What happened when the loved one died?

What happened when the loved one died?

John 11 v17-32 “On his arrival, Jesus found that Lazarus had already been in the tomb for four days. 18 Now Bethany was less than two miles from Jerusalem, 19 and many Jews had come to Martha and Mary to comfort them in the loss of their brother. 20 When Martha heard that Jesus was coming, she went out to meet him, but Mary stayed at home. 21 “Lord,” Martha said to Jesus, “if you had been here, my brother would not have died. 22 But I know that even now God will give you whatever you ask.” 23 Jesus said to her, “Your brother will rise again.” 24 Martha answered, “I know he will rise again in the resurrection at the last day.” 25 Jesus said to her, “I am the resurrection and the life. The one who believes in me will live, even though they die; 26 and whoever lives by believing in me will never die. Do you believe this?” 27 “Yes, Lord,” she replied, “I believe that you are the Messiah, the Son of God, who is to come into the world.” 28 After she had said this, she went back and called her sister Mary aside. “The Teacher is here,” she said, “and is asking for you.” 29 When Mary heard this, she got up quickly and went to him. 30 Now Jesus had not yet entered the village, but was still at the place where Martha had met him. 31 When the Jews who had been with Mary in the house, comforting her, noticed how quickly she got up and went out, they followed her, supposing she was going to the tomb to mourn there. 32 When Mary reached the place where Jesus was and saw him, she fell at his feet and said, “Lord, if you had been here, my brother would not have died.”

 

(Every morning for well over 10 years now I have published my devotional writing from the Bible. I haven’t written about my favourite themes just the systematic reading of the Bible. I obviously have accumulated thousands of blogs from chapters and with a few of the books of the Bible most of the verses. They are not written to engage Bible students and theologians into debate. They are just an ordinary guy writing what is in his heart as he reads the amazing Bible. Others have written far better on certain subjects. I don’t have the time to think too long or research the books and the internet, the grammar isn’t brilliant I just throw it down on the paper and then type it up and post it once my devotional time is over. I don’t know how many read it but If it helps anyone, even just one person then I am encouraged. Why am I telling you this?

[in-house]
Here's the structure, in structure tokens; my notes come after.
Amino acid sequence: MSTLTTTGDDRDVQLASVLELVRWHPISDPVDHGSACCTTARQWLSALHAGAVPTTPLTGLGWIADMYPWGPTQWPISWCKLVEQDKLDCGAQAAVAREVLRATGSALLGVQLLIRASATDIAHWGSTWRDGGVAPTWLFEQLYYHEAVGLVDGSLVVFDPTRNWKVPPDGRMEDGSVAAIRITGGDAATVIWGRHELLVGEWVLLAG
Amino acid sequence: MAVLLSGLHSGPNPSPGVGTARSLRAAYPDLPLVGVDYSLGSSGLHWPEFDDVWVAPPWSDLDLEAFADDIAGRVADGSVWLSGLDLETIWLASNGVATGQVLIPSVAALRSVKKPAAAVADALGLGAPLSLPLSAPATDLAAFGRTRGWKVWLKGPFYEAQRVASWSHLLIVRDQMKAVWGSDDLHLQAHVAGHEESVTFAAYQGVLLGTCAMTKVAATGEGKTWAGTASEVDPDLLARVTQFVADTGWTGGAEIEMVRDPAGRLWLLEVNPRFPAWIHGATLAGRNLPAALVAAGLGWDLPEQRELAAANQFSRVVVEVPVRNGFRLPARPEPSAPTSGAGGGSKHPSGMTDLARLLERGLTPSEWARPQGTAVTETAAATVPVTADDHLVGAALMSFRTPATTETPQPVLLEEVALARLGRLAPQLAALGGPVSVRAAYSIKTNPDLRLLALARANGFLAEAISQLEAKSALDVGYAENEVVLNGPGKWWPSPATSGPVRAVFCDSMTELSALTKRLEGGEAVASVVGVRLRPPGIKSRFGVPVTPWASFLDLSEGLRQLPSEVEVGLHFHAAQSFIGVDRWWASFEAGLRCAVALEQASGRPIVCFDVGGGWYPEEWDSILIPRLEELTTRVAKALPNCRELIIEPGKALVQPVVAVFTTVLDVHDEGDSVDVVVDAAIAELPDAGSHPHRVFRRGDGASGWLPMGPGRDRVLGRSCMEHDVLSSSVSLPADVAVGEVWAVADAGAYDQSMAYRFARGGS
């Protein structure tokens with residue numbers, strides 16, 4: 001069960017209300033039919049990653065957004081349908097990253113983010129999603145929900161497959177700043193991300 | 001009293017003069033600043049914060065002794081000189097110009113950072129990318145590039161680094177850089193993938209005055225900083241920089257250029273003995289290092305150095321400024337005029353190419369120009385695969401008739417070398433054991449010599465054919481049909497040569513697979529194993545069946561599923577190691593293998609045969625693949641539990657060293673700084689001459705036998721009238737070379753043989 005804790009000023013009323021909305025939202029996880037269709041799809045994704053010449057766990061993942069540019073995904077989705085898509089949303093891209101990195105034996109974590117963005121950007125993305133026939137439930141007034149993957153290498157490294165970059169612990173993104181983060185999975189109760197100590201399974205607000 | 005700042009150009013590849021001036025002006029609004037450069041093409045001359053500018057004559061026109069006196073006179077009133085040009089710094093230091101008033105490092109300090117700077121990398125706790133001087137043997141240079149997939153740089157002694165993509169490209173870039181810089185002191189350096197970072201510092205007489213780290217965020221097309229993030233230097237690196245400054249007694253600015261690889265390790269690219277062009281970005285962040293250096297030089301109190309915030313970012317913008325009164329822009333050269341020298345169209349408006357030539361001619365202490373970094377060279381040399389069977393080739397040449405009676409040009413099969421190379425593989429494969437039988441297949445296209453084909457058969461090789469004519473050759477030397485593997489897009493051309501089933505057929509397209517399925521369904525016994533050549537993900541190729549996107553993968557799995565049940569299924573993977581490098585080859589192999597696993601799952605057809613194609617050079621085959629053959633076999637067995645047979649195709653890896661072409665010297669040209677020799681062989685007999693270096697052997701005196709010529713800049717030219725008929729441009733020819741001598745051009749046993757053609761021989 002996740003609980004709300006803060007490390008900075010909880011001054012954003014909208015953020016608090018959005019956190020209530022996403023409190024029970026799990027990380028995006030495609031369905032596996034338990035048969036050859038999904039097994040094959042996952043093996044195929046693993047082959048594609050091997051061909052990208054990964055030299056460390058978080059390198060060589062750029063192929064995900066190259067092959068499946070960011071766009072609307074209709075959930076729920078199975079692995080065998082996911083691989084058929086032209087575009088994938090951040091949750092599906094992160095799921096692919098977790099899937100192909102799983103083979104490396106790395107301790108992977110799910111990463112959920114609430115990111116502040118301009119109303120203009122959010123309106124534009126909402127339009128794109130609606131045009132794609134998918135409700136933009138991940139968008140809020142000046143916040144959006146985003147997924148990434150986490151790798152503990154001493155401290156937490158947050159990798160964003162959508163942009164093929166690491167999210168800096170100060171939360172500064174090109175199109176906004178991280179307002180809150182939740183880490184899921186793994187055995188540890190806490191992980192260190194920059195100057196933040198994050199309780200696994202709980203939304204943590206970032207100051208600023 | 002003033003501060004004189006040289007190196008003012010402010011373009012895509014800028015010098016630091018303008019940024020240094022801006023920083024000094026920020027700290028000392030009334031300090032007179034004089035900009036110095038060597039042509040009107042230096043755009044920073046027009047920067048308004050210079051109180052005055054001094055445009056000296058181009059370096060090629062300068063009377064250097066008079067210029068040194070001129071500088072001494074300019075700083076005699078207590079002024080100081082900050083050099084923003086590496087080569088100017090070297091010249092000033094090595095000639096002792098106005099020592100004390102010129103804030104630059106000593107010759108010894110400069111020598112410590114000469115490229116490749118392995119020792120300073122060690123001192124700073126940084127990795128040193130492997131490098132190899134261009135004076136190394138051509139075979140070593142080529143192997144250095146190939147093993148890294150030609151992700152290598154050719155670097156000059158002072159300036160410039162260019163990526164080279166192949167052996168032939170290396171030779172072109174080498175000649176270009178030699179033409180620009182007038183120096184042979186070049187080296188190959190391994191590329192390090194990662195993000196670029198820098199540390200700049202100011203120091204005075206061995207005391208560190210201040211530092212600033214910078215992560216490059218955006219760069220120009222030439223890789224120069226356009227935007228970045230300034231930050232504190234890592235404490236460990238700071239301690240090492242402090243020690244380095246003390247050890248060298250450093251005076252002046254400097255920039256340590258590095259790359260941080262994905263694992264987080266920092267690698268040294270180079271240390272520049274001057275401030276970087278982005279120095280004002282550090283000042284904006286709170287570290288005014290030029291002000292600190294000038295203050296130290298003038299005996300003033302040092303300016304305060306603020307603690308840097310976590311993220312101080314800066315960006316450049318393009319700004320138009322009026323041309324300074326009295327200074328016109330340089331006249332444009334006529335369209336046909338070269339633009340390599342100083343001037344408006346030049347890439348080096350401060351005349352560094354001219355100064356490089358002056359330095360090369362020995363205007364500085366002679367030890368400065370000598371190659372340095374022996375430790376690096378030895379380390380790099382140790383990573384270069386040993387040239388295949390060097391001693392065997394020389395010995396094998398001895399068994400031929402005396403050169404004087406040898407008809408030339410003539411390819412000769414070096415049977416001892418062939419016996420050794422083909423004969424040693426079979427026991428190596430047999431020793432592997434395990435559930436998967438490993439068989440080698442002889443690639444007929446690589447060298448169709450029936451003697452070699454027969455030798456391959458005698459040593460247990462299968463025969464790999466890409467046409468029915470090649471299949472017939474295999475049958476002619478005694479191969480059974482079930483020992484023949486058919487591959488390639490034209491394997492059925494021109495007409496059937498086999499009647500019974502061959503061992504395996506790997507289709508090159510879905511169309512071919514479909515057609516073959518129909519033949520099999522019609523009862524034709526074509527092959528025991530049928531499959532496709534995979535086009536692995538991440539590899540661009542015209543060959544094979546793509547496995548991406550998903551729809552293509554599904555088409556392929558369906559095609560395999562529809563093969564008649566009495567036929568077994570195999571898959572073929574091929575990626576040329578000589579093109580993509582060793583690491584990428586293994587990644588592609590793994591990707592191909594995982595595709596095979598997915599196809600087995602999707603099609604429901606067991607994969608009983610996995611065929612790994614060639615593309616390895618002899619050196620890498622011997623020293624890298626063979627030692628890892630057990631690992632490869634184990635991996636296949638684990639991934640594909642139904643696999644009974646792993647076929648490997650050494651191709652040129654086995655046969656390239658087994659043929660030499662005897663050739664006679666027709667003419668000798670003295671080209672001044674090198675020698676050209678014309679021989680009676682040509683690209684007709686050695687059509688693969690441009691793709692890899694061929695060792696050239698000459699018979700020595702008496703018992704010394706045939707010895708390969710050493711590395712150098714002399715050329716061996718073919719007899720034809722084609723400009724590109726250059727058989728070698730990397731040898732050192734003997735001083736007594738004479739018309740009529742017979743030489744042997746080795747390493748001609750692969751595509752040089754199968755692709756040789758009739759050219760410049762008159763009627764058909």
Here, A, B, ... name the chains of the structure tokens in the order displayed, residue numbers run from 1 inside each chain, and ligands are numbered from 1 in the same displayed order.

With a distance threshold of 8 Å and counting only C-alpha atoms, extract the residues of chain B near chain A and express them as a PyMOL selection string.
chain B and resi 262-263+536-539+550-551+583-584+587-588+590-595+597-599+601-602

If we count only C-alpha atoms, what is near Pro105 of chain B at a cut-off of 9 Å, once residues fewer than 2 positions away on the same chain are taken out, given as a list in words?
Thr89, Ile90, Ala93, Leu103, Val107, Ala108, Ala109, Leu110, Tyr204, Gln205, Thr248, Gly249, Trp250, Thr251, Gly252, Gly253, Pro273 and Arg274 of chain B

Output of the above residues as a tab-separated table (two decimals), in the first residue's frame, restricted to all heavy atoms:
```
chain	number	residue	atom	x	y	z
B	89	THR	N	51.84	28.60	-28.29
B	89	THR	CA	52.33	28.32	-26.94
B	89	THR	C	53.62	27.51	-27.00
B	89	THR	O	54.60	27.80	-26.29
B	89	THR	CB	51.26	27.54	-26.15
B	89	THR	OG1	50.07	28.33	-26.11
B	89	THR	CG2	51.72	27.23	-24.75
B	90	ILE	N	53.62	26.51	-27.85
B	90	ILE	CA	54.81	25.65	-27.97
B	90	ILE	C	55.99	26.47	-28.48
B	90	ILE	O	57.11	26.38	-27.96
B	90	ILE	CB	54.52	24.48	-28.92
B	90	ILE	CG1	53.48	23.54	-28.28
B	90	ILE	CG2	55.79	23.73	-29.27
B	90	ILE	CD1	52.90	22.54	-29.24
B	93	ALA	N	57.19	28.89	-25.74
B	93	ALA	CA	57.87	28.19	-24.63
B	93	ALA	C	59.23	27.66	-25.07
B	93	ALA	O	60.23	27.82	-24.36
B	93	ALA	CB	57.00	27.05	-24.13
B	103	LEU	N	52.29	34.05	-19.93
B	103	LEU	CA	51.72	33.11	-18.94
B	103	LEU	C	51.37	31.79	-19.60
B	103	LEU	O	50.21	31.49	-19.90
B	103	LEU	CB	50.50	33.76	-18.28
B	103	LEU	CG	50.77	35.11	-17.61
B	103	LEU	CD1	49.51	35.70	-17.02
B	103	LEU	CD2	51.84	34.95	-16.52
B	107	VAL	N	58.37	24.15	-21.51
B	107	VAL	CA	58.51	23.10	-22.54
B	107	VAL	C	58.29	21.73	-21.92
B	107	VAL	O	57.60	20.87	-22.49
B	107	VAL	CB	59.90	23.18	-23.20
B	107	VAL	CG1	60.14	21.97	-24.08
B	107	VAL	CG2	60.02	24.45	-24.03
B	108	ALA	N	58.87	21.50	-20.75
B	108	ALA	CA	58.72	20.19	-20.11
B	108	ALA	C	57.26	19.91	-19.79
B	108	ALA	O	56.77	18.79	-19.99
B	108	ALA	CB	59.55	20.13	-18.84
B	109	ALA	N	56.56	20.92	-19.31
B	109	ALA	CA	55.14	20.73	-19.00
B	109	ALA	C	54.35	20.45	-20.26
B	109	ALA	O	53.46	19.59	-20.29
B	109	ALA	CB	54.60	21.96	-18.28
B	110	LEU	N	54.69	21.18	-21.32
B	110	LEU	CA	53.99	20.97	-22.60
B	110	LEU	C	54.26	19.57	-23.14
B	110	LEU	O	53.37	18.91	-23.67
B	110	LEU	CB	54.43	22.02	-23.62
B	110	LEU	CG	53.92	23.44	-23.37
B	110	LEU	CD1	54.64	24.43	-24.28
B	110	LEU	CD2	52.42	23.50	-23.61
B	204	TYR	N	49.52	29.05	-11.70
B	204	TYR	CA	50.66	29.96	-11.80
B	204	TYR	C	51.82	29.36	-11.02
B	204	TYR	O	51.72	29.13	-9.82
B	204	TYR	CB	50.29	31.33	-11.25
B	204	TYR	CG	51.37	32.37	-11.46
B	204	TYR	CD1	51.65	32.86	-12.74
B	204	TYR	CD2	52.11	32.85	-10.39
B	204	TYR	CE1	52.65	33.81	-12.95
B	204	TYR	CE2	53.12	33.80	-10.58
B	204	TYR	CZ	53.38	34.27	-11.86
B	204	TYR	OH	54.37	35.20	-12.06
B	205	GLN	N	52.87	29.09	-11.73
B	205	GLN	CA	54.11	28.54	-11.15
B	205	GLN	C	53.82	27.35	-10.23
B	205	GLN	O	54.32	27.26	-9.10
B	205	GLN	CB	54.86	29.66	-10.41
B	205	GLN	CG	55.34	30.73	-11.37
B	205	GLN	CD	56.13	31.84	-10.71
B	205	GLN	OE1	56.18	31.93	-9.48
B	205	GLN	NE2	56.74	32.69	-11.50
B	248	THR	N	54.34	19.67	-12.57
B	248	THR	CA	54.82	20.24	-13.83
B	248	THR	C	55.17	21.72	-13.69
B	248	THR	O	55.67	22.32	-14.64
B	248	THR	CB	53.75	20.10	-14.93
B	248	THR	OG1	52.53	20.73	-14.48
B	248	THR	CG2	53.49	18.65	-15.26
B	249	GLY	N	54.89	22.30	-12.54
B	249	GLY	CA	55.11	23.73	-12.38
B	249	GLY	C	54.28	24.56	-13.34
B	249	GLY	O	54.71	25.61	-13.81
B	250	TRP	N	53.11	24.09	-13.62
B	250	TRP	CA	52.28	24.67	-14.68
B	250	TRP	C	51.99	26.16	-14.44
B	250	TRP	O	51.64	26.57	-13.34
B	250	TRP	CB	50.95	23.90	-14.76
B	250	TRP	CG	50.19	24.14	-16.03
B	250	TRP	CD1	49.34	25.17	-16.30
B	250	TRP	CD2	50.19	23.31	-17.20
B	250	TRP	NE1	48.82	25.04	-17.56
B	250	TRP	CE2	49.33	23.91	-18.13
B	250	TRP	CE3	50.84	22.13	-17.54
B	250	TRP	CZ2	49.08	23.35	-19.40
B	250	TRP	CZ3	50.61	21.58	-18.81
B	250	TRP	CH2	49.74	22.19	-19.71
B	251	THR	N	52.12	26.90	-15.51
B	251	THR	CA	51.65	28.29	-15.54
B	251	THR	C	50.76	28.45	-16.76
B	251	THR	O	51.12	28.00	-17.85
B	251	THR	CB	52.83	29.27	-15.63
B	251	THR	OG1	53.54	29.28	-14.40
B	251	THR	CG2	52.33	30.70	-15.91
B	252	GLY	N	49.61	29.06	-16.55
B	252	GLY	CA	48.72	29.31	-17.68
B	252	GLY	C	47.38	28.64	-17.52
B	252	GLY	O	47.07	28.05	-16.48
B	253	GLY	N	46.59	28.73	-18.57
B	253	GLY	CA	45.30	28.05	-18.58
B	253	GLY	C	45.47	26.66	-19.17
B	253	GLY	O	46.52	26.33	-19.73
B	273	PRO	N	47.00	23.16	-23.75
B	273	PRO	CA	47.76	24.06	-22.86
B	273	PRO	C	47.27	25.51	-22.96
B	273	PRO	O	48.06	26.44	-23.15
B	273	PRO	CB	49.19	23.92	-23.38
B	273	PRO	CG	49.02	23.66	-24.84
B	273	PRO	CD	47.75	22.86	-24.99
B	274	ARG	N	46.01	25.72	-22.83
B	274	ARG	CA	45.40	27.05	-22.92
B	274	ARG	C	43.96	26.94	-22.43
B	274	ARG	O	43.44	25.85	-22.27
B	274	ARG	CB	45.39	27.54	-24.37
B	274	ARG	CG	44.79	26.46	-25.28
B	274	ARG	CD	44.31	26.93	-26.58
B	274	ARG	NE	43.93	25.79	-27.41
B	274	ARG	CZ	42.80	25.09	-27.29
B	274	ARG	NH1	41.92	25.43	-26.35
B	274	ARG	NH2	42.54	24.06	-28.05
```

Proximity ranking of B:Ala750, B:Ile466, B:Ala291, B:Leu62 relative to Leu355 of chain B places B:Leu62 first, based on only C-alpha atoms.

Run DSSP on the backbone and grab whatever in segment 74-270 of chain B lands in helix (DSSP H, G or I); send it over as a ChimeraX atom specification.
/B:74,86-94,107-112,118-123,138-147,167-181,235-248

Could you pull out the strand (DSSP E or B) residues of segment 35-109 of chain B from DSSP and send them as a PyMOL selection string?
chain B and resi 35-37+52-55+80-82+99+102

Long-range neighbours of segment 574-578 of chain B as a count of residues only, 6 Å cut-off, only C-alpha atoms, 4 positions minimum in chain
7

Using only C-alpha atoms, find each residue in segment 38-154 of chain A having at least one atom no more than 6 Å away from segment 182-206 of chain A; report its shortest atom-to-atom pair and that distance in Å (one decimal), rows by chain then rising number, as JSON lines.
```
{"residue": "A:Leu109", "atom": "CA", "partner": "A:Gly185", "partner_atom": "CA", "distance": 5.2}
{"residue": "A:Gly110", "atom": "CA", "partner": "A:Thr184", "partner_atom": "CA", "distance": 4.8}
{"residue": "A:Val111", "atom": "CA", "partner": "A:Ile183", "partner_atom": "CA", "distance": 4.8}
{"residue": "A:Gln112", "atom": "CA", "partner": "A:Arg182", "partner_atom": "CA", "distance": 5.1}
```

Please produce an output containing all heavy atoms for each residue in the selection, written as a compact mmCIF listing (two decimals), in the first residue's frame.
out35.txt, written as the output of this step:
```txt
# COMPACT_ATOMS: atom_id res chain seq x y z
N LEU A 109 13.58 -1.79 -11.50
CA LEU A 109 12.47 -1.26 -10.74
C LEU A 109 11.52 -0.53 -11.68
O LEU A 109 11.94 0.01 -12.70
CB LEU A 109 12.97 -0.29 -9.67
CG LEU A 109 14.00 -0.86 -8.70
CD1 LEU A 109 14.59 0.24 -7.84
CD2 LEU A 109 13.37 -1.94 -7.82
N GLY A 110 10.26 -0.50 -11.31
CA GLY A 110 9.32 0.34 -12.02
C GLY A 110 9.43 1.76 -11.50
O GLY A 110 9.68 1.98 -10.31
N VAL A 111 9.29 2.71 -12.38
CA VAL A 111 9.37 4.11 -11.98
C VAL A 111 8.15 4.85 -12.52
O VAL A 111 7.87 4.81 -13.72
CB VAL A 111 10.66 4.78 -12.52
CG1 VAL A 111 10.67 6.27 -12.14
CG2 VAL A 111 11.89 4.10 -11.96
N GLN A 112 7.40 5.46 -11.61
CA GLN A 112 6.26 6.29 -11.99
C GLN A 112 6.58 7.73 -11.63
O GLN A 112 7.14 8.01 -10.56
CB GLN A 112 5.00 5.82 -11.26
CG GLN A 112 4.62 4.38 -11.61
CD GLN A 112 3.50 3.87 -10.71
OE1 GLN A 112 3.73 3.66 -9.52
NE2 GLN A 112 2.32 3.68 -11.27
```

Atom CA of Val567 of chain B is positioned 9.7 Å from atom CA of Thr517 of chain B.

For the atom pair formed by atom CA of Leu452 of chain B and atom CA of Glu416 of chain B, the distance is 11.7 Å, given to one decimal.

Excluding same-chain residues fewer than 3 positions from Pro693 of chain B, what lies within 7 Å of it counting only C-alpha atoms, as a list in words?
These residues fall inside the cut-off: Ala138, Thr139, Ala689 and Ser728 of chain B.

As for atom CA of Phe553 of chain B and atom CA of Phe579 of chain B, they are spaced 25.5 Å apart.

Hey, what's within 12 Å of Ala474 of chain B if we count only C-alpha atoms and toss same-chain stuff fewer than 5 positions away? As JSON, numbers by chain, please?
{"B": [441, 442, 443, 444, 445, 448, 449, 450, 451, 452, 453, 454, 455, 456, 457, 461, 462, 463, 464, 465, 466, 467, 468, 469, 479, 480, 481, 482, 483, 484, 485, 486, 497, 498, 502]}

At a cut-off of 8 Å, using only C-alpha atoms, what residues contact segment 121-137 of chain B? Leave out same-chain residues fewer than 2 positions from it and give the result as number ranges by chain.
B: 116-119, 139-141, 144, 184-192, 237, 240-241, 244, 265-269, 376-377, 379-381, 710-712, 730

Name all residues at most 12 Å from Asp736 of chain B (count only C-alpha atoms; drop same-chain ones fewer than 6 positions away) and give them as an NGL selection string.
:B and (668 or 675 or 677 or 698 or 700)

At times the blogs have been very cathartic for my soul as I have journeyed through a particular season. These are days where it is a great example of this. Yesterday a dear friend, a colleague, someone who had helped me develop Elim globally, a member of my apostolic team in the Midlands, the mentor to my son who served him as his assistant minister and more importantly than all that a wonderful husband to Julia and father to great sons, Ben and Tom went home to the Lord Jesus. No one saw it coming except God but the family and friends have seen touches of God from last Sunday morning through to yesterday. For me, it was the fact that as I am reading through John’s gospel having started prior to Christmas we reach chapter 11, the story of Lazarus the day after Dave collapsed. Is it a coincidence? I would rather believe it is one of the many touches God brings to us at difficult times.)

What happened when the loved one died?

  1. People came to the door to comfort Martha and Mary.

Over the last few days as our friend laid dying and then yesterday when he eventually left us I have seen again first-hand the amazing comfort people can bring to those who are grieving.